Nearly instantly afterbroke by way of with tasteful retro-soul type, pushed again towards categorization. Her band’s Grammy-winning 2015 report, , borrowed from touchstones as far-reaching as Y2K post-punk, , and , however it was Howard’s 2019 debut solo album, , the place her experimentation actually blossomed. Its sound gravitated between quiet torch songs and raucous declarations that blended funk-rock with electronica, sure by startling lyrics mined from Howard’s biography. What Now, recorded in the course of the pandemic in Shawn Everett’s studio, is a unique beast. Its subject material is extra gestural and existential—a love gone mistaken, a name for peace, a bout of melancholy within the close to future. It feels each looser and brawnier, a sound nerd’s undertaking with stadium-sized panache and a grab-bag strategy.
What Now opens calmly sufficient, with crystal singing bowls and some tentative piano chords and cymbal hits, as Howard narrates her trepidation. “However will I do know?/Will I really feel it?/The primary second that I see it?” she sings, her voice layered over itself in a blanketing echo. Then, with a whirling synth and explosion of drums, she’s off, blasting by way of the environment, whizzing previous soul, blues, funk, jazz, psychedelia, and home music. If Howard’s lyrics make it look like she’s nonetheless working by way of issues, her music appears like she’s bought all of it found out. Each music right here, even the sluggish stuff, feels large and propulsive—a grand celestial tour of rock and R&B, guided by one of many few singers and multi-instrumentalists with the vary and instinct to tug it off.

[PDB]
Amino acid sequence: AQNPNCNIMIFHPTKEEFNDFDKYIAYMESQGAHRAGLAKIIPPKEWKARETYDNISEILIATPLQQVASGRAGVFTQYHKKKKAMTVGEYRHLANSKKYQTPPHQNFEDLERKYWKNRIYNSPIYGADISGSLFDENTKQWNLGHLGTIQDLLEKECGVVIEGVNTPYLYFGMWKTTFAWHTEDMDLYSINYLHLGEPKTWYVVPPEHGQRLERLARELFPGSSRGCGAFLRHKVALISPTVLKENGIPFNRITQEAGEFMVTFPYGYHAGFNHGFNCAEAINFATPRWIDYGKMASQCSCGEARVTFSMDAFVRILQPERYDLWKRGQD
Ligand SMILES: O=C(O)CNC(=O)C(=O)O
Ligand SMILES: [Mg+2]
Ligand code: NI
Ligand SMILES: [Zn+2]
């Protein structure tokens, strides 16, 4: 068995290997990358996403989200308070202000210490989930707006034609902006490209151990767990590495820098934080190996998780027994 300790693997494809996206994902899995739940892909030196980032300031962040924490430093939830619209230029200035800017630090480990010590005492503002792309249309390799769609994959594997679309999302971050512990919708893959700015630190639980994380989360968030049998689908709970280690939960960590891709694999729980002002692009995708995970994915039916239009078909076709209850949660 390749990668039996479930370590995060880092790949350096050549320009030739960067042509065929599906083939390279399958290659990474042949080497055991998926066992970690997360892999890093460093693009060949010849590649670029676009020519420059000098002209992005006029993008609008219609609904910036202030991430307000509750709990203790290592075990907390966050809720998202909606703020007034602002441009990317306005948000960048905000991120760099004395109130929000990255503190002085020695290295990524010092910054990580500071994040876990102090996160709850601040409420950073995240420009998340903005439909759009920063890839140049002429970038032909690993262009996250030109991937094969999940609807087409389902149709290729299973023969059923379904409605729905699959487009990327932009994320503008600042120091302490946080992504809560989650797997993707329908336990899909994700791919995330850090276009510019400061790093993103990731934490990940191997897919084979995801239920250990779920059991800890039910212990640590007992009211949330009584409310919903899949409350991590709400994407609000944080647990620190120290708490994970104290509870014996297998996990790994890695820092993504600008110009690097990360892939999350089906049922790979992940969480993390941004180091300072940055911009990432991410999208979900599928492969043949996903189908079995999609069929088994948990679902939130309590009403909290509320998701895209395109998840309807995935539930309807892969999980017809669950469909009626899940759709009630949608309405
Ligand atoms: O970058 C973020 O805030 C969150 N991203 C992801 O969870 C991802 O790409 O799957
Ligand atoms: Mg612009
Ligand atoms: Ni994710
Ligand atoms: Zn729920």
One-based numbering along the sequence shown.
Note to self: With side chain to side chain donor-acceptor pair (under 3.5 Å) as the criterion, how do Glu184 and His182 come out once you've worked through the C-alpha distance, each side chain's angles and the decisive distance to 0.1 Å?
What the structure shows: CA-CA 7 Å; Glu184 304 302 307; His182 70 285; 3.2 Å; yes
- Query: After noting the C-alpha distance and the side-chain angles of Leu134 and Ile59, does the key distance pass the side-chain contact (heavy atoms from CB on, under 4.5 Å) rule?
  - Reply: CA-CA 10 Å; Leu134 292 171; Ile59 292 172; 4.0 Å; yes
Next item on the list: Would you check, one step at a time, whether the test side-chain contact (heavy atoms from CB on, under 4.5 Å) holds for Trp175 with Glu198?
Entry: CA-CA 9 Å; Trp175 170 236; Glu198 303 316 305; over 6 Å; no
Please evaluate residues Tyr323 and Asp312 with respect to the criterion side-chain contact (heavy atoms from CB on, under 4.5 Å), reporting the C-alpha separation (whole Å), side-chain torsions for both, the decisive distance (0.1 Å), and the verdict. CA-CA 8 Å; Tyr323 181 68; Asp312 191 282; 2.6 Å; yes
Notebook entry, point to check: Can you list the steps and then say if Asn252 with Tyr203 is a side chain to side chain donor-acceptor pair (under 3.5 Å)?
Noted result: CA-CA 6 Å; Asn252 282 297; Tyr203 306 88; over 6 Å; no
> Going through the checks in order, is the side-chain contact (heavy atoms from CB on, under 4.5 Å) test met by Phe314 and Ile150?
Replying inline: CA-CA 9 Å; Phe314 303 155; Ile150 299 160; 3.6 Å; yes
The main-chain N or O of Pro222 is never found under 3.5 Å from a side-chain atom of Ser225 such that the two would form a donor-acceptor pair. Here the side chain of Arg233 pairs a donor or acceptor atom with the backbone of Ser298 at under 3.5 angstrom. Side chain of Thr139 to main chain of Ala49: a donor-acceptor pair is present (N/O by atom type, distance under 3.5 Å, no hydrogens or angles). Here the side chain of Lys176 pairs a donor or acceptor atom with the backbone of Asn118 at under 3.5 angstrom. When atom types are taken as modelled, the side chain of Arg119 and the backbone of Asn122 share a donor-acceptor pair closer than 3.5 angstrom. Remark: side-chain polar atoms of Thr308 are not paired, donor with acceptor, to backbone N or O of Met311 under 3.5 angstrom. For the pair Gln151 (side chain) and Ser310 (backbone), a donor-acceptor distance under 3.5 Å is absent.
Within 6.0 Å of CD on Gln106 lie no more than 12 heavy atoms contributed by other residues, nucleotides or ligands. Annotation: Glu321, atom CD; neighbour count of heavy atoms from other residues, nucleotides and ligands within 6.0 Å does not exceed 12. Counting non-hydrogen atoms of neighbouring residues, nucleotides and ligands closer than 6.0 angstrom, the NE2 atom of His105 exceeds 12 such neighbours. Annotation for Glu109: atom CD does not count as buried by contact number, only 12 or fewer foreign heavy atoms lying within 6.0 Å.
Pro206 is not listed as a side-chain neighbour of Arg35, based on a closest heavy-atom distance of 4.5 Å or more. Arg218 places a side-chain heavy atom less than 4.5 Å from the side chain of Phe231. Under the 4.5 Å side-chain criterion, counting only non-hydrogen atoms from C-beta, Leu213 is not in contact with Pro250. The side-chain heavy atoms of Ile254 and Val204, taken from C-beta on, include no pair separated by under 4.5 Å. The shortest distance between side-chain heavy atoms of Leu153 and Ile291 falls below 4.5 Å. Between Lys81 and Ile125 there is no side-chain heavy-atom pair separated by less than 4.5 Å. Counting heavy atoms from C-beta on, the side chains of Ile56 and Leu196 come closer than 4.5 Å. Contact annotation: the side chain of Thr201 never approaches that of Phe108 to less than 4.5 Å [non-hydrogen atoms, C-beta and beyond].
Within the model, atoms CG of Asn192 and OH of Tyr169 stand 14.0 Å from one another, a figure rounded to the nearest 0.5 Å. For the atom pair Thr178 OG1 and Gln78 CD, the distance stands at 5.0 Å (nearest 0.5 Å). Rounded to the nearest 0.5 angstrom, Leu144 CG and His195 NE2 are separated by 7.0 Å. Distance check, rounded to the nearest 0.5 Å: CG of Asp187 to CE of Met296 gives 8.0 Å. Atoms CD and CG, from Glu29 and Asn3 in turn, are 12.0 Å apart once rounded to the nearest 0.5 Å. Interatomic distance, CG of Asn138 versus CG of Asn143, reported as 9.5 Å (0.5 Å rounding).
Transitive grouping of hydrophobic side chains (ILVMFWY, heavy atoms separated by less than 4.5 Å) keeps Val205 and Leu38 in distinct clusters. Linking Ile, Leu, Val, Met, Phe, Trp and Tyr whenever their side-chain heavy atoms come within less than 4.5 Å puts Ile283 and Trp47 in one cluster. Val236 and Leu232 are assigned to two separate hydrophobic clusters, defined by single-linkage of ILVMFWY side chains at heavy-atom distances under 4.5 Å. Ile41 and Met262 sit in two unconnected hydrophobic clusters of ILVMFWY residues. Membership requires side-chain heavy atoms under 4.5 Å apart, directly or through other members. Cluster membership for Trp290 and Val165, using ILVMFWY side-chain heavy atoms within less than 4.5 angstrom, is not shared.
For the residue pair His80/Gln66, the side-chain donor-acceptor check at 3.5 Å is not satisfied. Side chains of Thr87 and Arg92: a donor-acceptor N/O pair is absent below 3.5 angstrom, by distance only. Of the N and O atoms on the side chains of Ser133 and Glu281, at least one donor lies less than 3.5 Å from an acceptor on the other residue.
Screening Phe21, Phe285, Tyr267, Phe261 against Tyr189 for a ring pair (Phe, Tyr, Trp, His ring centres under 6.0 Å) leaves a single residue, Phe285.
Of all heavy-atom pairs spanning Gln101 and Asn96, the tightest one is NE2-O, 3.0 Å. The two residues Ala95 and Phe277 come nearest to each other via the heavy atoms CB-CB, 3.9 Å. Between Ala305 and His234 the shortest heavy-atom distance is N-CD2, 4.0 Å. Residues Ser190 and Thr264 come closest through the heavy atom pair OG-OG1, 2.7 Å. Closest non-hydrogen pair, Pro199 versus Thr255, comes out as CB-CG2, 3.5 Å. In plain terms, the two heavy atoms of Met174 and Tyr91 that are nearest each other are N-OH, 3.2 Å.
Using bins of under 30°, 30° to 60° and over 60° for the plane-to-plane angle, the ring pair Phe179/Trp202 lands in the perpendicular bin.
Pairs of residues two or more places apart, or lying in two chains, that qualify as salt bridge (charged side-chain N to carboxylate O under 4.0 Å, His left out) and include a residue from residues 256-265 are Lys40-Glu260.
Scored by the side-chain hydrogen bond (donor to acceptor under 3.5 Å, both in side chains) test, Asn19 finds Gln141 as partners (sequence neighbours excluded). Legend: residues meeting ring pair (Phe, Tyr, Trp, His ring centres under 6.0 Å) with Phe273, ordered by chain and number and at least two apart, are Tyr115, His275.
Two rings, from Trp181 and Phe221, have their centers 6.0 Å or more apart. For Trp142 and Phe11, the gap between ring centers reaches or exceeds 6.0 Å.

Howard is studied within thecollege of pulling a groove out of absolutely anything, thanks partly to her rhythm part right here, drum virtuoso Nate Smith and versatile Alabama Shakes bassist Zac Cockrell. “I Don’t” builds round a melancholy chipmunk-soul hook within the vein of ; “Endurance” morphs from a bog-standard sluggish jam into a stunning showcase of warped keyboard results; a minimum of one music options Howard banging on a trash can. There’s the muscular, hermetic funk-rock of the , the frenetic boxed-in percussion of “Crimson Flags,” and a giant swing at home music on “Show It to You.” But a few of the album’s most impressed selections haven’t any rhythm in any respect. Between practically each monitor, the singing bowls return, performed by sound bathtub practitioners Ann Sensing and Ramona Reid, offering a quick respite and sealing What Now collectively like religious glue.